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Whoever live at a different end of the town from me, I look upon as perso is out of the world, and only myself and the scene about me to be in it

When I was young, I thought all the world, as well as myself, was wholly taken up in discoursing upon the last new play.

My lord Cromarty, after fourscore, went to his country house in Scotland, with a resolution to stay six years there and live thriftily, in order to save up money, that he might spend in London.

It is said of the horses in the vision, that “ their power was in their mouths and in their tails.* What is said of horses in the vision, in reality may be said of women.

Elephants are always drawn smaller than life, but a flea always larger.

When old foľks tell us of many passages in their youth between them and their company, we are apt to think how much happier those times wero than the present.

Why does the elder sister dance barefoot, when the younger is married before her? is it not that she may appear shorter, and consequently be thought younger than the bride ?

No man will take counsel, but every man will take money: therefore money is better than counsel

I never yet knew a wag (as the term is), who was not a dunce.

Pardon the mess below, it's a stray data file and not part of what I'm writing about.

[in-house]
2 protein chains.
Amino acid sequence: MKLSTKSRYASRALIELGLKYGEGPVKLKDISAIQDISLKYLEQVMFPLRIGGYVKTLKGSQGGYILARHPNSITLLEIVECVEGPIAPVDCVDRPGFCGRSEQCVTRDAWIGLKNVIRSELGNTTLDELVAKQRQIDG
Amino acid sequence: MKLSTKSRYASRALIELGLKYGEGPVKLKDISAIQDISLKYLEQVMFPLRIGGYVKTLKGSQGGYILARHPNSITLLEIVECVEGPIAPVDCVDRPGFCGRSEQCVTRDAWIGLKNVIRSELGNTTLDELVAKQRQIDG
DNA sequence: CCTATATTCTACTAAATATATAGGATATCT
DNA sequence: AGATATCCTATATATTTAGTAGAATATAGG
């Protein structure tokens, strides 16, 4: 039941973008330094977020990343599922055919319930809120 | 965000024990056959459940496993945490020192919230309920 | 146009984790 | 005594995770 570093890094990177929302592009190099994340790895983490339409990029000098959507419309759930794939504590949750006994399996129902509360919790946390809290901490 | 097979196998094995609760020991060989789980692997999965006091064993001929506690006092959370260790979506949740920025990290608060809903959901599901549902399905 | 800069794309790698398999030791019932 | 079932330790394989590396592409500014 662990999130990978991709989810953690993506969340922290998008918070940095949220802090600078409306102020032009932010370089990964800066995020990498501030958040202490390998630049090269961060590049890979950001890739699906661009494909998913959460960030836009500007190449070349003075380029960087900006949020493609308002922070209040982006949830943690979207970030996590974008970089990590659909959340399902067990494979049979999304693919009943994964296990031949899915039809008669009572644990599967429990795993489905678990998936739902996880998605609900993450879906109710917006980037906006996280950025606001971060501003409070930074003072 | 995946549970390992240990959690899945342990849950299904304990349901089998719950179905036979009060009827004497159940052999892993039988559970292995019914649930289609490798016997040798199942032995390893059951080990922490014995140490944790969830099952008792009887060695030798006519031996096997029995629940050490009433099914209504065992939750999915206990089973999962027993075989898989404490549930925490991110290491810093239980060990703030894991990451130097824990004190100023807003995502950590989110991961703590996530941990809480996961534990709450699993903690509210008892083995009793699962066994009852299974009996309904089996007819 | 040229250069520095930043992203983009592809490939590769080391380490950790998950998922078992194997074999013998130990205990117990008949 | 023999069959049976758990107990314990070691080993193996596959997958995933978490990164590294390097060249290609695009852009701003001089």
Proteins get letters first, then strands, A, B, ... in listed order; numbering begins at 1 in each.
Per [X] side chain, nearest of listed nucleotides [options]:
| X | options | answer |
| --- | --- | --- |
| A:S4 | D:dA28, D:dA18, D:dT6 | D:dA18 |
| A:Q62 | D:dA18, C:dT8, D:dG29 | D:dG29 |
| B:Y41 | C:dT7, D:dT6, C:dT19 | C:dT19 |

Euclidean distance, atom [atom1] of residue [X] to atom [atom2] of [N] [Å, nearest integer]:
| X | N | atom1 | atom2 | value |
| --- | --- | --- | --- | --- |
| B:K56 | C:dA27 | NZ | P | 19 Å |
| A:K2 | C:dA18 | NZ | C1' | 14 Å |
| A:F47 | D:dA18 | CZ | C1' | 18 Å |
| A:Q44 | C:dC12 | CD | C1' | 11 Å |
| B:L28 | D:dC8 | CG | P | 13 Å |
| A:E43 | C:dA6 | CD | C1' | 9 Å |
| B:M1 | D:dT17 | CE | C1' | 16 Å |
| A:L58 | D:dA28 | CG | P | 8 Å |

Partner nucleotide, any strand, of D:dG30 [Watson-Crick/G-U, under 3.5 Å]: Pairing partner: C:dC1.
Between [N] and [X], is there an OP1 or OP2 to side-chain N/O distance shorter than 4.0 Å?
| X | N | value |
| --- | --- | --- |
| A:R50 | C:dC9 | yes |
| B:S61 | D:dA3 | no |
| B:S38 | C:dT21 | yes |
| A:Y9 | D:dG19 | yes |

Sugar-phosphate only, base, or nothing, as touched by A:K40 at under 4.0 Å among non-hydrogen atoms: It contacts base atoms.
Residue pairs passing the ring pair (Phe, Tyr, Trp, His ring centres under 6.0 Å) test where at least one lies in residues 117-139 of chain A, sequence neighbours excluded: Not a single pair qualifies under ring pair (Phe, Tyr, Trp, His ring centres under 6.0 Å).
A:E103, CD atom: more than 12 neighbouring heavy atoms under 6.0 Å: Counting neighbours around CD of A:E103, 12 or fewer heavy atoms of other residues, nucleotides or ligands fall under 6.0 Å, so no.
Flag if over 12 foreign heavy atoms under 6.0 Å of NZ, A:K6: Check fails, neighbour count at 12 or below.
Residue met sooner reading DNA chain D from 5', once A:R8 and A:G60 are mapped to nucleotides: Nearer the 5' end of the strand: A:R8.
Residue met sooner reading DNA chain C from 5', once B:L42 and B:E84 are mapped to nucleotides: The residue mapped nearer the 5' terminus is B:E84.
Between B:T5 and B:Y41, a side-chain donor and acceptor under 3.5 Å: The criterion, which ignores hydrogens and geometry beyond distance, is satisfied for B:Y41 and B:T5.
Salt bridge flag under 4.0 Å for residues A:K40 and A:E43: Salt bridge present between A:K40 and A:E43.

A person reading to me a dull poem of his own making, I prevailed on him to scratch out six lines together; in turning over the leaf, the ink being wet, it marked as many lines on the other side; whereof the poet complaining, I bid him be easy,

“ for it would be better if those were out too.

At Windsor I was observing to my lord Bolingbroke, “ that the tower where the maids of honour lodged (who at that time were very handsome) was much frequented with crows.” My lord said, "it was because they smelt carrion."

A TREATISE

ON GOOD MANNERS AND GOOD BREEDING. *

Good manners is the art of making those people easy

with whom we converse. Whoever makes the fewest persons uneasy

is the best bred in the company.

As the best law is founded upon reason, so are the best manners. And as some lawyers have introduced unreasonable things into common law, so likewise many teachers have introduced absurd things into common good manners.